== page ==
¶ 1 In this action seeking recovery for personal injuries sustained at a fitness club, plaintiff, Wendy Jane Stone, appeals the summary judgment entered in favor of defendants, Life Time Fitness, Inc.; Life Time Fitness Foundation; and LTF Club Operations Company, Inc. (collectively, Life Time), on Stone’s negligence and Premises Liability Act (PLA) claims based on injuries sustained when she tripped on a hair dryer cord after washing her hands. The principal issue presented on appeal is whether the district court correctly ruled that Stone’s claims are contractually barred based on assumption of risk and liability release language contained in a member usage agreement (Agreement) she signed when she became a member of Life Time.

¶ 2 We disagree with the district court’s conclusion that the exculpatory provisions of the Agreement are valid as applied [*2] to Stone’s PLA claim. Consequently, we reverse the judgment as to that claim and remand the case for further proceedings. We affirm the district court’s judgment on the negligence claim.

I. Background

¶ 3 Stone was a member of a Life Time fitness club located in Centennial. According to the complaint, she sustained injuries in the women’s locker room after finishing a workout. Stone alleged that she had washed her hands at a locker room sink and then “turned to leave when she tripped on the blow dryer cord that was, unbeknownst to her, hanging to the floor beneath the sink and vanity counter top.” She caught her foot in the cord and fell to the ground, fracturing her right ankle.

¶ 4 Stone alleged that allowing the blow dryer cord to hang below the sink counter constituted a trip hazard and a dangerous condition and that, by allowing the condition to exist, Life Time failed to exercise reasonable care. She asserted a general negligence claim and also a claim under Colorado’s PLA, section 13-21-115, C.R.S. 2016.

¶ 5 Life Time moved for summary judgment, relying on assumption of risk and liability release language contained in the Agreement Stone signed when she joined Life Time. Life Time argued that the Agreement was [*3] valid and enforceable, that it expressly covered the type and circumstances of her injuries, and that it barred Stone’s claims as a matter of law. A copy of the Agreement appears in the Appendix to this opinion.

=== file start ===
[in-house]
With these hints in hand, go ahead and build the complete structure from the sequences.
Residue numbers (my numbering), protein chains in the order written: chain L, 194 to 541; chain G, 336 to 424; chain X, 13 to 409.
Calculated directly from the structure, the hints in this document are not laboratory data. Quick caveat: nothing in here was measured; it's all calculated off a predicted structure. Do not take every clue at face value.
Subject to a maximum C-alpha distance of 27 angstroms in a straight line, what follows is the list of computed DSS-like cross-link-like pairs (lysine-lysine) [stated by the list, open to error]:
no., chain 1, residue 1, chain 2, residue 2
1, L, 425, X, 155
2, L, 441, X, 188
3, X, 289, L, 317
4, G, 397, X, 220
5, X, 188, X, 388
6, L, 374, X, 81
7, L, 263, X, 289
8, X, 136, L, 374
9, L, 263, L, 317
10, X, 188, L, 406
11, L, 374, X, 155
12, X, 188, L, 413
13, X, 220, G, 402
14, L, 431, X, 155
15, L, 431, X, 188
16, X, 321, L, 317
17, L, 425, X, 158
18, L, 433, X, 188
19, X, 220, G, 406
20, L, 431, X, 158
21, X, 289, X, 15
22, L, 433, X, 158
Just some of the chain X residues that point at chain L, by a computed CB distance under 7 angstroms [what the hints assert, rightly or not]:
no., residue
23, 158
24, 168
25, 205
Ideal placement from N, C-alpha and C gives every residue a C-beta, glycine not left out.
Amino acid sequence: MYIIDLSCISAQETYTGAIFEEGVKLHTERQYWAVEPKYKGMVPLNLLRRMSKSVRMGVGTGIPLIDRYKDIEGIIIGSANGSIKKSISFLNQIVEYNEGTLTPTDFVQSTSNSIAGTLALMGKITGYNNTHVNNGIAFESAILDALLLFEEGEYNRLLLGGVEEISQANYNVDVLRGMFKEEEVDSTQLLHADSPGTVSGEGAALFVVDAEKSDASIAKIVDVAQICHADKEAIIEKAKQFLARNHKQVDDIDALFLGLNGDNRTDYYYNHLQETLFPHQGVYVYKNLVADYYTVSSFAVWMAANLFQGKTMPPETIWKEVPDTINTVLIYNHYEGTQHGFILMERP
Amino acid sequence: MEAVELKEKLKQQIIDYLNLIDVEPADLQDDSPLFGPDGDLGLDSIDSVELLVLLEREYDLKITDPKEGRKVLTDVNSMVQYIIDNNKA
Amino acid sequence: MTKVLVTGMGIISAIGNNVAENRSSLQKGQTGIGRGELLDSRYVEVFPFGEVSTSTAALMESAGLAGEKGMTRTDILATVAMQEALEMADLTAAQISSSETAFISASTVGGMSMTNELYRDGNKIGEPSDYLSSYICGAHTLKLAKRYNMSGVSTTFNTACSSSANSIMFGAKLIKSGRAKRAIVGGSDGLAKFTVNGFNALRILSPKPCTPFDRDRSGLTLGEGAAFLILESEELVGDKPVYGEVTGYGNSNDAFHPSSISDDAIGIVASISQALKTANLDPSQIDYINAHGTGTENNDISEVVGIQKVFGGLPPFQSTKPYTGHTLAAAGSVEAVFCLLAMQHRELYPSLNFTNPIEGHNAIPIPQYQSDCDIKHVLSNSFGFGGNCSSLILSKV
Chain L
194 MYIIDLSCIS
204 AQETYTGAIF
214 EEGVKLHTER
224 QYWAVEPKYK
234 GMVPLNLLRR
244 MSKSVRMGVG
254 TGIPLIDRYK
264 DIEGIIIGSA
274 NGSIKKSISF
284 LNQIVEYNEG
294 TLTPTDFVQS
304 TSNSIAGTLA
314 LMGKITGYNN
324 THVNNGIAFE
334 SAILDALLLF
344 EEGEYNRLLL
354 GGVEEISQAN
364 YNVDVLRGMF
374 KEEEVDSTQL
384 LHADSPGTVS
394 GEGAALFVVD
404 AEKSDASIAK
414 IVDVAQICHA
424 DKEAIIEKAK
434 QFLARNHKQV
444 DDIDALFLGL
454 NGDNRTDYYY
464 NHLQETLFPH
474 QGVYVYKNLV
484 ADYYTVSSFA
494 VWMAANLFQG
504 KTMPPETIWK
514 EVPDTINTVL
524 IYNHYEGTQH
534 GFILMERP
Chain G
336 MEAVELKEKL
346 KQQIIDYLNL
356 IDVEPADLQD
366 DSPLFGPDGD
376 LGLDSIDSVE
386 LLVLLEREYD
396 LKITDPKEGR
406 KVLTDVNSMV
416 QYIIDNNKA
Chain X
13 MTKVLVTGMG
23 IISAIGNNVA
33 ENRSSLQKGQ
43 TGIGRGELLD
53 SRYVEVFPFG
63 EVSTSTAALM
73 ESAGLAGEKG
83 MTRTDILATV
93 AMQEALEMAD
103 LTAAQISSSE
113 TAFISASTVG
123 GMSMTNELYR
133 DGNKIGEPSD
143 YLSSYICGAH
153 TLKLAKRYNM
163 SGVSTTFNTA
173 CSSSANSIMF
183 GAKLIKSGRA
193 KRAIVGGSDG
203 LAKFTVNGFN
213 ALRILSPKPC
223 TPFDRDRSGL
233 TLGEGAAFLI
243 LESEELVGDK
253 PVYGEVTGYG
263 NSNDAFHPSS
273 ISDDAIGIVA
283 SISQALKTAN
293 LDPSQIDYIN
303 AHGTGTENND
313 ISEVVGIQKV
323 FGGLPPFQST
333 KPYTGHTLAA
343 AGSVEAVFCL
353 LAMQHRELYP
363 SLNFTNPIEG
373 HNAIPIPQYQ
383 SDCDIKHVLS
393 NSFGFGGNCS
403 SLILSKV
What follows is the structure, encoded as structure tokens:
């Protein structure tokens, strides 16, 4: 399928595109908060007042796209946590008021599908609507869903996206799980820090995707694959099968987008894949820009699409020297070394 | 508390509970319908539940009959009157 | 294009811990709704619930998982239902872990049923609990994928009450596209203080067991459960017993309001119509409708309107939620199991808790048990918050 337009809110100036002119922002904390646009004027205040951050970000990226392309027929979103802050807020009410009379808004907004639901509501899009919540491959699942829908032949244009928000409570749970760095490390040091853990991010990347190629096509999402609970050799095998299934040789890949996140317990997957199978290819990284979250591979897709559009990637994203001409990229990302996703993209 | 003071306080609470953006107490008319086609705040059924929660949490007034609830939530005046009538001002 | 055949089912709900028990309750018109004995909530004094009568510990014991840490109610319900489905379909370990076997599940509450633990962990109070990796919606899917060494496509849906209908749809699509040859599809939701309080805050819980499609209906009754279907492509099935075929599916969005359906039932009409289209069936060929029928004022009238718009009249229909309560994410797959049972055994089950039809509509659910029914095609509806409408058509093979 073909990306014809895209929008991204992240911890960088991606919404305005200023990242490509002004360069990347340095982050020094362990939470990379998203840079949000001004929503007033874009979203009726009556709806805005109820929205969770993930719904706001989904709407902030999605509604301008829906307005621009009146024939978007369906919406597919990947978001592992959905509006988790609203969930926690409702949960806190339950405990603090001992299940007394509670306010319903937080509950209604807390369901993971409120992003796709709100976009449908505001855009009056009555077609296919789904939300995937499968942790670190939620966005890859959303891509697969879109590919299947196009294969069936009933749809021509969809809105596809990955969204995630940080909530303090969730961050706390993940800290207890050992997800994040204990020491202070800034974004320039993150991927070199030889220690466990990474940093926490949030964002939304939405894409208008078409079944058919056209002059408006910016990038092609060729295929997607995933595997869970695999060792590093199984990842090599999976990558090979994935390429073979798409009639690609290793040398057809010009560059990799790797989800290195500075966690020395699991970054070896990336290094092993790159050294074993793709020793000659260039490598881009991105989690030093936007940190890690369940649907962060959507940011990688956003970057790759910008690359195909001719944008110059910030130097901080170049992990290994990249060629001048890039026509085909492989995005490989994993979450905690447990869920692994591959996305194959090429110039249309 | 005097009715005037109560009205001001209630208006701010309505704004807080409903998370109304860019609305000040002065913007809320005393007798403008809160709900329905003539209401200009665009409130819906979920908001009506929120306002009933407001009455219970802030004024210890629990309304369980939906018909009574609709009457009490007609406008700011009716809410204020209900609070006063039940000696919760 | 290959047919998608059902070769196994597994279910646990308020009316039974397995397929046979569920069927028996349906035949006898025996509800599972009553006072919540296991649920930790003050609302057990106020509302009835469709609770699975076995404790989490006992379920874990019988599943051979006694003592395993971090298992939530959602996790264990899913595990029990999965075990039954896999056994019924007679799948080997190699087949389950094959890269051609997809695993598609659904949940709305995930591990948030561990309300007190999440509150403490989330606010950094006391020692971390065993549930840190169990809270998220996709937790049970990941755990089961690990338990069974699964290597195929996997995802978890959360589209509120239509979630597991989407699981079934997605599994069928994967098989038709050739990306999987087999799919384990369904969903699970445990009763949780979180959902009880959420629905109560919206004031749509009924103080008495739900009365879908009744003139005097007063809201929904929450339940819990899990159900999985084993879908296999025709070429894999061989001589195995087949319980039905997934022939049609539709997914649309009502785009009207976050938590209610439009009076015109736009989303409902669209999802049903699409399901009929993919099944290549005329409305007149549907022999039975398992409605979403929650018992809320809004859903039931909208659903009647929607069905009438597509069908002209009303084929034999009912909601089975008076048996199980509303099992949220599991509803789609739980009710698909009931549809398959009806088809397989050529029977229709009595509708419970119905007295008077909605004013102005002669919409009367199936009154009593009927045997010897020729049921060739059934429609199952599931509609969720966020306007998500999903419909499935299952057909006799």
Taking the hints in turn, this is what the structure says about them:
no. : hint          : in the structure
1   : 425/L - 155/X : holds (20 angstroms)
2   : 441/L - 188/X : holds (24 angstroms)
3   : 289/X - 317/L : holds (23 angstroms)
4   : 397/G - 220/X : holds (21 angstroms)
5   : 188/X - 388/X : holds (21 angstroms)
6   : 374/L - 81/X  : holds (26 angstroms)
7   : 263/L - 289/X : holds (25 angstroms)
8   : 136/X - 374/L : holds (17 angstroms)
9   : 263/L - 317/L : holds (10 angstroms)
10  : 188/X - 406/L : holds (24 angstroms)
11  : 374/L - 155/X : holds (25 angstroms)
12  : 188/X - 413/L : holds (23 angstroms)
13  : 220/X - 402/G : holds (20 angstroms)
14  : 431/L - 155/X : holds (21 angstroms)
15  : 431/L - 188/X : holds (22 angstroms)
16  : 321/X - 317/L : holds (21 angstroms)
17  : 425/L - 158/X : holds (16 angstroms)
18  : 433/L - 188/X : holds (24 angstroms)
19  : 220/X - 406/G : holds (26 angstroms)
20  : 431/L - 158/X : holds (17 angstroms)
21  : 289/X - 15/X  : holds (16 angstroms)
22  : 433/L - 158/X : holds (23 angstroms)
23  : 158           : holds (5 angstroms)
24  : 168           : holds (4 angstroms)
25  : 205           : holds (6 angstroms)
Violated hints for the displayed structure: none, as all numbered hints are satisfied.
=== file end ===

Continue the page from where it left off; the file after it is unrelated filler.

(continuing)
¶ 6 After full briefing, the district court granted Life Time’s motion, concluding that the Agreement was “valid and enforceable” and that Stone had released Life Time from all the claims asserted in the complaint.

II. Discussion

¶ 7 She contends that the district court, therefore, erred in entering summary judgment and dismissing her action.

A. Summary Judgment Standards

¶ 8 Summary judgment is appropriate if the pleadings and supporting documents establish that there is no genuine issue of material fact and that the moving party is entitled to judgment as a matter of law. Gagne v. Gagne, 2014 COA 127, ¶ 24; see C.R.C.P. 56(c). We review de novo an order granting a motion for summary judgment. Gagne, ¶ 24; see Ranch O, LLC v. Colo. Cattlemen’s Agric. Land Tr., 2015 COA 20, ¶ 12.

B. Negligence Claim

¶ 9 In her complaint, Stone alleged common law negligence and PLA claims, and she pursues both claims on appeal. The trial court’s summary judgment ruled in favor of Life Time without distinguishing between Stone’s negligence and PLA claims. It simply concluded that the [*4] exculpatory clauses in the Agreement were “valid and enforceable” and released Life Time from all claims asserted against it.

¶ 10 We turn to the negligence claim first because we may affirm a correct judgment for reasons different from those relied on by the trial court. English v. Griffith, 99 P.3d 90, 92 (Colo. App. 2004).

¶ 11 The parties agree that the PLA applies to this case. In section

13-21-115(2), the statute provides: